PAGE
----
PREY Review


The idea of a Hollywood re-boot normally doesn’t sit too well with serious movie lovers. The reason for that is that often over the past few years cinema goers have been subjected to some pretty lame re-boots that pay little respect to the original source material that they are ‘borrowing’ from. There have been some though that have bucked the trend, Halloween comes to mind straight away, and now it seems that after 35 years of trying Hollywood has finally managed to create a film worthy to carry on the Predator legacy.

Prey, directed by Dan Trachtenberg (10 Cloverfield Lane), is actually a prequel to the 1987 Arnold Schwarzenegger cult classic. It chronicles the events of what happens when the original Predator (Dane DiLiegro – American Horror Story) travels to Earth and finds himself in the Comanchie Nation three hundred years ago.

Here he finds himself coming face-to-face with a fearsome tribe of Comanchie who destroy all foes that stand in their way. Part of that tribe is a gifted young hunter named Naru (Amber Midthunder – Hell Or High Water) who is constantly being told by her male dominated tribe that she can’t become one of the tribe’s warriors because she is female.

As other tribe members, including Taabe (first time actor Dakota Beavers) and Wasape (Stormee Kipp – Sooyii), hunt what they believe is a mountain lion or very large bear Naru starts to realise what they are actually about to face is something much more deadly.

It seem a little strange to say but the reason that Prey ends up being such an enjoyable watch is the fact that it is such a simple film – especially when it comes to the plot. For once a Hollywood re-boot doesn’t try to introduce an over-the-top premise that in no way links to the original film nor does it try to re-invent the wheel and seemingly ignore the plots or stories that have already been seen in the franchise.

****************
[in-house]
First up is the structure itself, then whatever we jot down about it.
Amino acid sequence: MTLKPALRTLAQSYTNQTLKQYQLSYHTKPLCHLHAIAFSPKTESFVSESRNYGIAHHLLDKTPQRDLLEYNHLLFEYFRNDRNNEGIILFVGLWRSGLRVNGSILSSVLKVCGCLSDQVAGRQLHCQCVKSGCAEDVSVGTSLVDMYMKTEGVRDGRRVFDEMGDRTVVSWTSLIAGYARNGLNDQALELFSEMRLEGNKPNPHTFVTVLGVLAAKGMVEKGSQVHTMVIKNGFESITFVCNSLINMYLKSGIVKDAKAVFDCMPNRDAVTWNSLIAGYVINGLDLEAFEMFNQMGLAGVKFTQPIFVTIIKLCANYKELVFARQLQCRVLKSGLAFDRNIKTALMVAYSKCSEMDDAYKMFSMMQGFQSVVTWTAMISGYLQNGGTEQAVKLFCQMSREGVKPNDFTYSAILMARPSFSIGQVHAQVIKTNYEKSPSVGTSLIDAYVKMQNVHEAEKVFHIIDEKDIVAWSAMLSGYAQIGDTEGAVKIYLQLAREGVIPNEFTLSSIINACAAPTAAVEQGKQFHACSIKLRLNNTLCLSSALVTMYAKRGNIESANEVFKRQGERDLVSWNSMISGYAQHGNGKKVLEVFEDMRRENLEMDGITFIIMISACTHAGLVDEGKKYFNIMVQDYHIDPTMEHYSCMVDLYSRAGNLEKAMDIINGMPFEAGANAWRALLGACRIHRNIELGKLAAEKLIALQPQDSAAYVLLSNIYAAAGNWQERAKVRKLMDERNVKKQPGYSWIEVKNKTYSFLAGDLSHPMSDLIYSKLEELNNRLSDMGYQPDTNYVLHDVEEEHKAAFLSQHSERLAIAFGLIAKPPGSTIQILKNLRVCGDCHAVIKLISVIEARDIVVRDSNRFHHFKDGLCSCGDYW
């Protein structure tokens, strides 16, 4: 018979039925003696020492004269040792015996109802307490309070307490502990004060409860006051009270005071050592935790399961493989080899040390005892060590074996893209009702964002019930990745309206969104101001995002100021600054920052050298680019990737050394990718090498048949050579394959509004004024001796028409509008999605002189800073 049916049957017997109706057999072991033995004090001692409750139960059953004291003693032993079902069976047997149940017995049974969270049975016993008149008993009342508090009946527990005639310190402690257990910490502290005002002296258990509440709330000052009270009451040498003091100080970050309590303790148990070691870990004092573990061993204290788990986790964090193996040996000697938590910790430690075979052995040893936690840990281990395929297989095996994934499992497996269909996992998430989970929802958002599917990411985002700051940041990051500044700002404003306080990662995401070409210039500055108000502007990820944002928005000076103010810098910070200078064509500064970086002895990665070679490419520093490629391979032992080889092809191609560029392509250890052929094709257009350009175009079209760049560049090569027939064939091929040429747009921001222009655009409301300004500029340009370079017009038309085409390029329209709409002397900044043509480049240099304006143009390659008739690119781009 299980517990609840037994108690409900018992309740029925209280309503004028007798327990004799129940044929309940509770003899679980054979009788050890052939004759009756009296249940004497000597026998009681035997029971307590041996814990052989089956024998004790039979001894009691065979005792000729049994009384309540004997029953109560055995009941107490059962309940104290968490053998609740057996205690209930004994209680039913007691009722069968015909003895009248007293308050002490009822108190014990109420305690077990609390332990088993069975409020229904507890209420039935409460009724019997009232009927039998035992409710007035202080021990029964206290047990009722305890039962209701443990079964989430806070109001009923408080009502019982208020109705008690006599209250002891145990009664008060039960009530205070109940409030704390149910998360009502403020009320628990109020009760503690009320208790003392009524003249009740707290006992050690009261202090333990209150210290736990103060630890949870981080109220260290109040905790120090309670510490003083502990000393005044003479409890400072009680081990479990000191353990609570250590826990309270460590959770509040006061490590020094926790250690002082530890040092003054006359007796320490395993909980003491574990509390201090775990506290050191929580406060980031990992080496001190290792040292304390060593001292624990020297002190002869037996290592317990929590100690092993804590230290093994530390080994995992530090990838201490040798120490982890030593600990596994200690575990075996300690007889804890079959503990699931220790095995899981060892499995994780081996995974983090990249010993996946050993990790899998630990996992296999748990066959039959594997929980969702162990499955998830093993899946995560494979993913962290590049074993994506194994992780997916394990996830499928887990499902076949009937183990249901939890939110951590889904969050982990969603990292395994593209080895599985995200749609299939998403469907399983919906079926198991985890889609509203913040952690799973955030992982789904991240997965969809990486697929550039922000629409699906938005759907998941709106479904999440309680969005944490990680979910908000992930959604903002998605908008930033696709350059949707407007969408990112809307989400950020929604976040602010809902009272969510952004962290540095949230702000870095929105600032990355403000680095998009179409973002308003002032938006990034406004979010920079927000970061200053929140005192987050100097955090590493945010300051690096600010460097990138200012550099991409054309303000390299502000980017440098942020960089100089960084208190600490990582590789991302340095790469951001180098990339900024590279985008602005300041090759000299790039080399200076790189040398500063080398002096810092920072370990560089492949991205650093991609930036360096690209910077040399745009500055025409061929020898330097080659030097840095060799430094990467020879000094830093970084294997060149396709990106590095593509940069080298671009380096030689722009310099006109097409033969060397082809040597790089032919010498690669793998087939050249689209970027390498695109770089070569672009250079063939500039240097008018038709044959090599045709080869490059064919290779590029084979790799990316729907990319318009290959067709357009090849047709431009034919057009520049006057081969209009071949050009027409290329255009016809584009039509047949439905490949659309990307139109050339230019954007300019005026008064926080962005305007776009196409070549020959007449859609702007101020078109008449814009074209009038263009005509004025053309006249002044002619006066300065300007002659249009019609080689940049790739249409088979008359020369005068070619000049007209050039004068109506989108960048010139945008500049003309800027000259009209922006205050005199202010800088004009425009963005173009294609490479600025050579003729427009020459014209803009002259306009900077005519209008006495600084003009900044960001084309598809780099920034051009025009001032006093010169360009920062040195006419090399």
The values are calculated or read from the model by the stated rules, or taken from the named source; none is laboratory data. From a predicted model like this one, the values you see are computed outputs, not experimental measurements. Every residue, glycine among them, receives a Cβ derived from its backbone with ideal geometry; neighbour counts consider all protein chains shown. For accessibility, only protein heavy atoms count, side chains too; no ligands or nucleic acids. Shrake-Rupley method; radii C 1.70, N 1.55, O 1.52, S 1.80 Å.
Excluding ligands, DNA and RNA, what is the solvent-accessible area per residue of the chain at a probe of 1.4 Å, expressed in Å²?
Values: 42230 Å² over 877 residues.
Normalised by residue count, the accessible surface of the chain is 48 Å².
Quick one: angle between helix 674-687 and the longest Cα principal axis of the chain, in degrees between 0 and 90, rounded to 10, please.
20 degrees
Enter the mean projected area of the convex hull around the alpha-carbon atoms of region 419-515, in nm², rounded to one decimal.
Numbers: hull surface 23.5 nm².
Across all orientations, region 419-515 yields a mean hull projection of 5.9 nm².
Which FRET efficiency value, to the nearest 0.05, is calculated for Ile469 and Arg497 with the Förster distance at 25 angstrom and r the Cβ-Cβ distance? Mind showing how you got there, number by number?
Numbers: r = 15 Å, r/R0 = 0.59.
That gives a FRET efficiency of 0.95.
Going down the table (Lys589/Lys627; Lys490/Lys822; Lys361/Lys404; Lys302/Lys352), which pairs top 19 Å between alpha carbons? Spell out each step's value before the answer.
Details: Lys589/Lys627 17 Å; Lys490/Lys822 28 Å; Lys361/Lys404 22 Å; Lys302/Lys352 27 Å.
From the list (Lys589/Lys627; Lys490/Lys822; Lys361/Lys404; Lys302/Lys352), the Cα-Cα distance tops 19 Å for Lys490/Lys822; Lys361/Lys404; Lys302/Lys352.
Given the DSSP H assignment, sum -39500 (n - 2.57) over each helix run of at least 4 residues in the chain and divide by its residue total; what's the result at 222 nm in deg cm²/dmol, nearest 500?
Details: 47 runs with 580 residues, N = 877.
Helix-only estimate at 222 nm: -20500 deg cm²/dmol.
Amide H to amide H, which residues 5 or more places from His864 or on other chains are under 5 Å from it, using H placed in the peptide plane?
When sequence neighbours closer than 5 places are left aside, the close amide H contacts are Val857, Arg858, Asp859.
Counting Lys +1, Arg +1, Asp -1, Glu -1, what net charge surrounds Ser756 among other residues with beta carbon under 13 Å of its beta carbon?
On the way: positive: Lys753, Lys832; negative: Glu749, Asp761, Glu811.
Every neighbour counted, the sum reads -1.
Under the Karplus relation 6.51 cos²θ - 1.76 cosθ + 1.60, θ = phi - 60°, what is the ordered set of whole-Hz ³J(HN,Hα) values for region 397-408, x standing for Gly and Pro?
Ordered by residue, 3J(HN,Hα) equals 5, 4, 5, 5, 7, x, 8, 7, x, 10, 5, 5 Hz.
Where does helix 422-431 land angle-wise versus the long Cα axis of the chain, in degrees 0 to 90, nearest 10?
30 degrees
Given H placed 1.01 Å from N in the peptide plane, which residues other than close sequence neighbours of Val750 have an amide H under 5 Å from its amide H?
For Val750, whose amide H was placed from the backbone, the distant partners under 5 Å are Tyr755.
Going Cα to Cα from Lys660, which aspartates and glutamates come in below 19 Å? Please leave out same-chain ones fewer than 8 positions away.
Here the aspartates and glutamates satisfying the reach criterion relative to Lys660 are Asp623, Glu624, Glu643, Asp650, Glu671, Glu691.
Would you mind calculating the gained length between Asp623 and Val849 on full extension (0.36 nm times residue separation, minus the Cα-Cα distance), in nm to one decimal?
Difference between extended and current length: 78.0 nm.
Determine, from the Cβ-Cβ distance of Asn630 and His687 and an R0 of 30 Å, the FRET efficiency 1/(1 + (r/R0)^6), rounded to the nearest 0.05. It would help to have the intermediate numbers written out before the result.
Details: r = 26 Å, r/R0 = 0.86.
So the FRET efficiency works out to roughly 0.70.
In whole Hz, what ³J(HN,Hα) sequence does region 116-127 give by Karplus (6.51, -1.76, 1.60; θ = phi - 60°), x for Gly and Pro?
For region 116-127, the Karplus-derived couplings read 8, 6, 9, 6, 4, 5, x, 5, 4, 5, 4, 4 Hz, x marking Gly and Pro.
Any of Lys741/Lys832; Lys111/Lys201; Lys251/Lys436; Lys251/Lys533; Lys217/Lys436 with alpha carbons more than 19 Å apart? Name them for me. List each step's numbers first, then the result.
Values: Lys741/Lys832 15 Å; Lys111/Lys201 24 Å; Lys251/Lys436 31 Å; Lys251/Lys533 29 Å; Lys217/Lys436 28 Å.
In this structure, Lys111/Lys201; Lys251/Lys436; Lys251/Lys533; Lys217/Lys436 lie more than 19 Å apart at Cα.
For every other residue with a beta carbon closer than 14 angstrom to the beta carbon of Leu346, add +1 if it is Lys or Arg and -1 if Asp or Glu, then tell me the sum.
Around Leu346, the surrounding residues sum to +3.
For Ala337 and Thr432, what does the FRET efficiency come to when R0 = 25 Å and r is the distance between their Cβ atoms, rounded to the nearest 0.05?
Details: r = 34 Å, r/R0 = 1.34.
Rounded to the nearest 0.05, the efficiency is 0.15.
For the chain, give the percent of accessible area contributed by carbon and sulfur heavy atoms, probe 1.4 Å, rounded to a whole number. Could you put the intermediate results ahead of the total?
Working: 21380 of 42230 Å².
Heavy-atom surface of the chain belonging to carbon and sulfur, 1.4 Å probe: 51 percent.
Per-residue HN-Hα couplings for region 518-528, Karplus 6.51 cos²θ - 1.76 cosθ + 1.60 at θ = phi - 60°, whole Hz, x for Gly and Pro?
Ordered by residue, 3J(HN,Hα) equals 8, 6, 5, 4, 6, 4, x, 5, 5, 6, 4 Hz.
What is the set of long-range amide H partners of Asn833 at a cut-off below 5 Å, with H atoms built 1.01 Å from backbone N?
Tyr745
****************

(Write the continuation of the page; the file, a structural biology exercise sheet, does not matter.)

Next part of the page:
Instead Prey tells a riveting story that is basically human vs Predator with a little bit of world history thrown in for a good measure. When you realise that director Dan Trachtenberg also delivers some pretty decent action sequences, the right amount of suspense and a plot that makes some poignant comments on what it is like for a young woman living in a patriarchal society you are left with a film that seems to be a lot better than most will be expecting it to be.

In fact perhaps the most disappointing thing about Prey is the fact that a majority of the world will only see this film on a television screen. As someone who was lucky enough to see this in a cinema I can attest that Trachtenberg and his cinematographer, Jeff Cutter (Orphan), clearly made this film to be seen on the big screen. From shots that showcase the picturesque Comanchie Nation through to battle sequences taking place in atmospheric marshland mist this is a film that despite its content has an eerie beauty to it.

Prey also shows the acting ability of Amber Midthunder. It sadly is an urban myth that she was plucked from obscurity for this role, she has a fairly decent body of work behind her including the brilliant Hell Or High Water, but nonetheless she is brilliant in this film. She carries the film and excels no matter whether a scene demands physical action or emotional drama. It is very easy to see that from here on in she will be finding herself in much bigger film roles.

There may be some fans of the Predator franchise out there that are still wondering whether they will give Prey a chance or not. To put it simply they need to let go of any of those fears because Prey is the best film in the franchise since the original.

Prey is now available on Disney+.

4/5 Stars